The real focus of pep rallies
Staff Editorial | Friday, October 10, 2008
Dwindling student attendance. Little interaction between players and students. A dorm boycott, complete with its own manifesto.
The Friday night pep rallies are meant to be an hour or so of cheering, excitement and school spirit. Between the band, the players and the students, the whole crowd ought to get excited. Moreover, the pep rallies should focus on encouraging the team, playing the game and taking down that week’s opponent. But in the end, they should focus on the football.
But the focus of Notre Dame pep rallies now feels displaced. The students’ biggest role is in weekly competitions between host dorms, organized by a committee of the Hall Presidents Council. While watching your fellow Vermin or Knights dance in ridiculous costumes may be fun, it takes away from the real focus of the rally – the game. Why pit students against each other at a time when the student body should band together? Campus dance groups, like the Irish step dancers or similar clubs, are worthwhile and entertaining, but they don’t belong at a pep rally. The pep rallies feel less like a cheer session devoted to the team, and more like a production for the larger community and fans.
If student attendance is any indication, the show can’t go on.
Some might argue that student apathy is to blame for the recent rally debate. If more students came to pep rallies, detractors often claim, the energy level would skyrocket.
It would also be shortsighted and self-centered for currently enrolled students to think that only they would find a pep rally exciting. Our alumni network is one of the strongest in this country, and alums are more than eager to return to campus and take part in the football weekend festivities. Even outside of the alumni, fans of Notre Dame are widespread and numerous, often filling the Joyce Center.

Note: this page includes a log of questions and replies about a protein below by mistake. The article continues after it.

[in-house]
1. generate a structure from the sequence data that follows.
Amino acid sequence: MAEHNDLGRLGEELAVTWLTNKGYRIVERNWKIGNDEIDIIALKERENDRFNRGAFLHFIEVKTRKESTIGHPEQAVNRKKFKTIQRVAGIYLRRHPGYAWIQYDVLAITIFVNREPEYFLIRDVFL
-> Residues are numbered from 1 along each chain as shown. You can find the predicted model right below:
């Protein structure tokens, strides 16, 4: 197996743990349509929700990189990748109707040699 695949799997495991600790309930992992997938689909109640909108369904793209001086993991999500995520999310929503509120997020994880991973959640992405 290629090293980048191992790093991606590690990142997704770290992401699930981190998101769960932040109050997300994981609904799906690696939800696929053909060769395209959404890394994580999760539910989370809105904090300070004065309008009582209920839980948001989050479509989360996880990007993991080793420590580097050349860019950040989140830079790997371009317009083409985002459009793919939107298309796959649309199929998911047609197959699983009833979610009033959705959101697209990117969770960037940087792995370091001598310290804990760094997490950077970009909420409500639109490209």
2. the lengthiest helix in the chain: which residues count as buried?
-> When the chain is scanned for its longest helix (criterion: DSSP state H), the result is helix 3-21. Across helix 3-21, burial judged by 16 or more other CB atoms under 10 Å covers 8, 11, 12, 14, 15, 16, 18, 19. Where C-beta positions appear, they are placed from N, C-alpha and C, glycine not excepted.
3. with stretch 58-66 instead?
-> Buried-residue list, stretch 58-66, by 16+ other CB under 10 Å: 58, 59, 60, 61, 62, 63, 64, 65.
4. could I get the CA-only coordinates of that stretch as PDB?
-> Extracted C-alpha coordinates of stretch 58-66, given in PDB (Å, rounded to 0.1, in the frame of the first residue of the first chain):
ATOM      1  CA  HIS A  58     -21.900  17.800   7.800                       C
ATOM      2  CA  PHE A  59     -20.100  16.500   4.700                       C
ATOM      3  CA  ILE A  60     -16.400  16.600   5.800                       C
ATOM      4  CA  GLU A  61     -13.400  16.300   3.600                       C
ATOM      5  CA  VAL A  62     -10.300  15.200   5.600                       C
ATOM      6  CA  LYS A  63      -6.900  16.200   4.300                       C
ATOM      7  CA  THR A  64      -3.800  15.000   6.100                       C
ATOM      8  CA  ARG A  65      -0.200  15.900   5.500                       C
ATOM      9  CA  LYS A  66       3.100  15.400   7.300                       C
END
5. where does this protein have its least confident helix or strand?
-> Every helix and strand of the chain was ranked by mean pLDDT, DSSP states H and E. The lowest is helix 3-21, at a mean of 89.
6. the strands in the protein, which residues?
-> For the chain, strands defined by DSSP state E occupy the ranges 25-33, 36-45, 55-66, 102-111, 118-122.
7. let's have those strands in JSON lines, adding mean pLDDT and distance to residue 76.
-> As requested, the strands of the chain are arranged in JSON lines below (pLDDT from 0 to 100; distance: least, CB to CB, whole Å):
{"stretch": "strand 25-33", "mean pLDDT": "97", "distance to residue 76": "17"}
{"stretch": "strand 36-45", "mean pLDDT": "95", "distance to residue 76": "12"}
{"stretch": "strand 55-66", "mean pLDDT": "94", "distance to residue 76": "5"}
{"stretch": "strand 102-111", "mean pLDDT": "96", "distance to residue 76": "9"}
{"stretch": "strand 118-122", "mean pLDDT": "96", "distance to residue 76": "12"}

But when the pep rallies start to feel disconnected from the students – and the game – and more like the University is putting on a display for alumni, families and visitors, something’s not right. Low attendance levels are only the most visible indication of how widespread that feeling is among the student body. Something needs to be done.
A separate question is why pep rallies are exclusive to football at Notre Dame?
True, football is the highest profile sport at the University. But our football players are hardly the only athletes of merit on campus.
Men’s basketball has the support of the Leprechaun Legion, but why not hold a pep rally in the Stepan Center before a big game? Say, on the Friday before a big Saturday home game. (This year’s Connecticut game, with ESPN College Gameday coming to campus would be a prime opportunity). Women’s soccer is consistently stellar, yet the JACC has yet to be filled with futbol fans cheering them on.
Bring the excitement and school spirit. Scream, yell, and maybe even raise the roof for our other, equally deserving athletes. But regardless of the sport, the pep rallies need some revision if they are going to serve their purpose.